During the winter, most trees lose their leaves presenting a fun and sometimes challenging way to identify trees. Rather than examining the leaves of a tree, winter tree identification takes a closer look at the more subtle characteristics of the tree, such as the branches, twigs, buds, and bark.
Oftentimes it is useful to use a field guide or dichotomous key to guide you through the process. One of the first questions for winter tree identification is determining if the tree is conifer or deciduous. Conifer trees will maintain their color and leaves (needles) all year-round while deciduous trees loose their leaves in the fall and grow back in the spring.
The next step in the process is to examine the branches to see if the tree has alternate or opposite branching. Alternate branching is when twigs grow off the main branch in an alternating pattern one at a time. Opposite branching is when twigs grow off the main branch in pairs.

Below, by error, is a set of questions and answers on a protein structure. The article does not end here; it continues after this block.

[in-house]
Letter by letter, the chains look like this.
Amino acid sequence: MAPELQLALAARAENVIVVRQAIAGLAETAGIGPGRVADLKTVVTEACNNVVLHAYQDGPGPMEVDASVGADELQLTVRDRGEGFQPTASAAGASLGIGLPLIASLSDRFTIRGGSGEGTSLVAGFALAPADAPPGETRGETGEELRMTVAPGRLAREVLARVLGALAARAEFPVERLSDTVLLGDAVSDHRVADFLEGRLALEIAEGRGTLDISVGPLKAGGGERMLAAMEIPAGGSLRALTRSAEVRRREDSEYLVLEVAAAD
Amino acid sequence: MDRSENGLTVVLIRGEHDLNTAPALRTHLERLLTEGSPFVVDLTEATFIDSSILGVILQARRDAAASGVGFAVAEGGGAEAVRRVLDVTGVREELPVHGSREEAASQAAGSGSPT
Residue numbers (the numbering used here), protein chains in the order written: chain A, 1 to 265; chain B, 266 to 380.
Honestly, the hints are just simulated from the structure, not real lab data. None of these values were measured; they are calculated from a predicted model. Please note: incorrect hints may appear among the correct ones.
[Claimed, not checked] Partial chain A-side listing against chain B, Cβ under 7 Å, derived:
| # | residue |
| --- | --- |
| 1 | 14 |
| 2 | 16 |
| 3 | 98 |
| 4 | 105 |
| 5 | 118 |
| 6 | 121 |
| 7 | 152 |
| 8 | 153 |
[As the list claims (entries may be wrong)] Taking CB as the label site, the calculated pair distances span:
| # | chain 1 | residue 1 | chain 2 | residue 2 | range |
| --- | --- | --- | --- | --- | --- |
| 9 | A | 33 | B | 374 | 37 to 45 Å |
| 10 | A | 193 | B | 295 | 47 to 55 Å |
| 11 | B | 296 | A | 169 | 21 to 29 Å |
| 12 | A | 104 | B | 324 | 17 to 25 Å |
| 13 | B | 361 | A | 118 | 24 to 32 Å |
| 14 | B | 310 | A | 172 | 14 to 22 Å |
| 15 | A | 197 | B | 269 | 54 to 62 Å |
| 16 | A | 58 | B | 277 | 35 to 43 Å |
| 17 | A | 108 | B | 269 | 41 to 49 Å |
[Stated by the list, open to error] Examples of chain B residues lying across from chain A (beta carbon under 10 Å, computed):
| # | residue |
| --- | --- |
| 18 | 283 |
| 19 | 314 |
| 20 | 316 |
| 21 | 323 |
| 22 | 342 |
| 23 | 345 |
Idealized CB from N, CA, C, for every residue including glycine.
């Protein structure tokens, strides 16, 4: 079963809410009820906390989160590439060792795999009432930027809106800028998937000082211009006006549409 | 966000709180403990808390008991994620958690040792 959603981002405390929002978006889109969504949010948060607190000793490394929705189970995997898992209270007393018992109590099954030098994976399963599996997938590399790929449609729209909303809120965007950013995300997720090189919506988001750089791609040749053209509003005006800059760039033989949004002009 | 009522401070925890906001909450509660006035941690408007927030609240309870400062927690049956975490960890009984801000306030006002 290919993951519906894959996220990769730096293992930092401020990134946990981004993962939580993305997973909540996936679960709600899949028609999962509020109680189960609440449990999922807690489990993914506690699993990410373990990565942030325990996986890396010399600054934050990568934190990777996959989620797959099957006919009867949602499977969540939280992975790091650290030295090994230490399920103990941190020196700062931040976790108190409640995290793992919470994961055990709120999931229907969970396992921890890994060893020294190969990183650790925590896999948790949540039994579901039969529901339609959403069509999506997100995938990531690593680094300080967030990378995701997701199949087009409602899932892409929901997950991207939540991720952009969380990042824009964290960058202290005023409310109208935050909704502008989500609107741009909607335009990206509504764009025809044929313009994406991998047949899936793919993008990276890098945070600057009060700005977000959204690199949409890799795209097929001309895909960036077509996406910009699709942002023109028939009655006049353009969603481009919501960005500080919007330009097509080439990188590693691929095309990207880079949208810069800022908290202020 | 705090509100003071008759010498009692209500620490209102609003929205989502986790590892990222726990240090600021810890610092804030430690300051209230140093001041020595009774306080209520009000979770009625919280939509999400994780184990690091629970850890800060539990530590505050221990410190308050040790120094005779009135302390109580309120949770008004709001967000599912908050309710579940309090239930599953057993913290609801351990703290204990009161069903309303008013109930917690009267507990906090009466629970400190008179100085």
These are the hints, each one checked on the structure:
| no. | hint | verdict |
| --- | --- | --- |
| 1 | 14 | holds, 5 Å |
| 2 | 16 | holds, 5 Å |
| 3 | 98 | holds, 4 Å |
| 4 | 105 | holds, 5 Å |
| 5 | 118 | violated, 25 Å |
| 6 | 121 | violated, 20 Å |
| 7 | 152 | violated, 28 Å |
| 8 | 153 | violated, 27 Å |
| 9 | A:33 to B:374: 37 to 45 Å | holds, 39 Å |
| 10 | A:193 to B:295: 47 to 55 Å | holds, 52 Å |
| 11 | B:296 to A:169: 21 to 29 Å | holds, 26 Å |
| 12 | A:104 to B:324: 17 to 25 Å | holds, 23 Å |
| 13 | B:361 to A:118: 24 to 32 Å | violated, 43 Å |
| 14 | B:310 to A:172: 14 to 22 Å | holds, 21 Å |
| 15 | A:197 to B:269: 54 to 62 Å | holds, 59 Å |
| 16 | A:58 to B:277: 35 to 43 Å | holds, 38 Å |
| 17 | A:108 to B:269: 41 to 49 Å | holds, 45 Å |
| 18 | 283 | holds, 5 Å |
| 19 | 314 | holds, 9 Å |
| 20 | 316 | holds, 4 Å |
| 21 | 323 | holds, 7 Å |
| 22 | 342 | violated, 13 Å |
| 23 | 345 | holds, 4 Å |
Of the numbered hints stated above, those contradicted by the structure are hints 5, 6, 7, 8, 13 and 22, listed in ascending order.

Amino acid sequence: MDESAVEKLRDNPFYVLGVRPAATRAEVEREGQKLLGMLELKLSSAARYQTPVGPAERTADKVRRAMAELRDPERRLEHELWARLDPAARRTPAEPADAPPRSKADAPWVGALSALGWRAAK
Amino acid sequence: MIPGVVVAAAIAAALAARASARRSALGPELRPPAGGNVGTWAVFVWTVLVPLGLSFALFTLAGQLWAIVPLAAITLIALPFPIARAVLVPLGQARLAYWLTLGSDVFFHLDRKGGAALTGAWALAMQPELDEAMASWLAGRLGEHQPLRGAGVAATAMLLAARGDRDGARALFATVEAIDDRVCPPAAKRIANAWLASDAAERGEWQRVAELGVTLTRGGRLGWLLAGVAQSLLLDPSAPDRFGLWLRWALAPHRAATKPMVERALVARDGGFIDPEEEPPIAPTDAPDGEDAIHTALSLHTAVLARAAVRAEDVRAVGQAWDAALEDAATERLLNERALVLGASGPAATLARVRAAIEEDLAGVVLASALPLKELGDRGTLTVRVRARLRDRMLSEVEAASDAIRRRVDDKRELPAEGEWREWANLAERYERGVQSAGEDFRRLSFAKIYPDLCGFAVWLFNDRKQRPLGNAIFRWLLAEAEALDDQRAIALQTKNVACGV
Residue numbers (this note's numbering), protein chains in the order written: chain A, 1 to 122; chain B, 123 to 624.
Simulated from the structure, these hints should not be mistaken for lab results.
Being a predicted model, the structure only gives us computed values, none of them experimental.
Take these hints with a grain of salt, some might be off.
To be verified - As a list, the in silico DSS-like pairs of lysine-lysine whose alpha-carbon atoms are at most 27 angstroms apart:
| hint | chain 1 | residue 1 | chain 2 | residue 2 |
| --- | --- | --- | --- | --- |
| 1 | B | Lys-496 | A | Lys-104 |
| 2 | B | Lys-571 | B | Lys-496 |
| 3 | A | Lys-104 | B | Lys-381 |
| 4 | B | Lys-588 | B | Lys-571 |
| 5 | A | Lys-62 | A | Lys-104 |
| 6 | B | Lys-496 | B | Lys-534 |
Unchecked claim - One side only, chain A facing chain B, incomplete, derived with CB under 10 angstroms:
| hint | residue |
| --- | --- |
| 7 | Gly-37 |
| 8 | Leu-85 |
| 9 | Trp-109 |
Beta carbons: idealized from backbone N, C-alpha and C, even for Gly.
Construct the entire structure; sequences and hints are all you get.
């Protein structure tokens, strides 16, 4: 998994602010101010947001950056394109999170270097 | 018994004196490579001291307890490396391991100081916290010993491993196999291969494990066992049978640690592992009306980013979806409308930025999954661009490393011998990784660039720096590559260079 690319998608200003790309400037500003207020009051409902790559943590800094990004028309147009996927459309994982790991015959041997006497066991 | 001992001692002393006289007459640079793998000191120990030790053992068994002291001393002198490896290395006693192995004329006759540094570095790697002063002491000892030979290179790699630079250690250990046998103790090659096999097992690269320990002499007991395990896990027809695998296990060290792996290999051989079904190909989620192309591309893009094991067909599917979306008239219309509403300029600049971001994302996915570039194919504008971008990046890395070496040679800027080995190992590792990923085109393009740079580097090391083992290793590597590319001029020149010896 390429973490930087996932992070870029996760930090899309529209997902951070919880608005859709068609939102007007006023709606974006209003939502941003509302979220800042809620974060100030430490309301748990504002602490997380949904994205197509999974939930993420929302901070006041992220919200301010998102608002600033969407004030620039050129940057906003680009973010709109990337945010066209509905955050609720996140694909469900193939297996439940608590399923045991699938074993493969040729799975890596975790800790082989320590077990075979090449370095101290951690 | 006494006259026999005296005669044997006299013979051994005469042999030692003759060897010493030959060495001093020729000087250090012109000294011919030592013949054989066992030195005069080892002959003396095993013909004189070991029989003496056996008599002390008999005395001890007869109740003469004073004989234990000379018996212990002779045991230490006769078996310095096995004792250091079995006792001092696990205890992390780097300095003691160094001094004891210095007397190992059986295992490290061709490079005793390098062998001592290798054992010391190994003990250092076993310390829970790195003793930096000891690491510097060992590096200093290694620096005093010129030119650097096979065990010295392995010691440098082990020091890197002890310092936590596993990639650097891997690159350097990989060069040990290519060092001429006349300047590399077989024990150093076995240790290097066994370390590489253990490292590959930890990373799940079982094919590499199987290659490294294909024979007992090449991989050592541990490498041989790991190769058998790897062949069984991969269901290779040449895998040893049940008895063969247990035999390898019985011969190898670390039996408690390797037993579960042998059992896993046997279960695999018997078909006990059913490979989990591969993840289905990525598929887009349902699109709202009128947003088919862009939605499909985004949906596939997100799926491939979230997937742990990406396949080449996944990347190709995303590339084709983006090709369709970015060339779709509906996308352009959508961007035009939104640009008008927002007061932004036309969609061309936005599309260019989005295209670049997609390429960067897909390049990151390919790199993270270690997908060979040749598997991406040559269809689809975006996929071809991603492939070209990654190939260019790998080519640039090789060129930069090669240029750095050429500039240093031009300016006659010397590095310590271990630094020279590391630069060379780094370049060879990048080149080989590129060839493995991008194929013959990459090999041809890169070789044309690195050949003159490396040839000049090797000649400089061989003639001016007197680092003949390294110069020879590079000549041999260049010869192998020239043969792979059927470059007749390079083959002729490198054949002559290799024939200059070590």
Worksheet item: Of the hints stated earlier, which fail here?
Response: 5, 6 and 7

There are far less trees that have opposite branching so it’s easy to remember them using a short acronym: MAD Buck which stands for Maple Ash Dogwood Buck-eye/Horse Chestnut.
Each tree species has unique bud characteristics in it’s shape, size, color and texture. Some buds can have conspicuous terminal buds or are scale like and produce flowers or leaves.
Check out Andreas’ video from the Branching Out winter tree identification workshop last weekend at the Charlestown Navy Yard, Boston National Historical Park, which explains some of the characteristics for identifying trees during the winter:
Do you have any tips for identifying trees during the winter? Next time you are outside, take a look at the trees and see if you can identify any and share your experience in our comments section!
Drawings for this blog provided by Andreas Aluia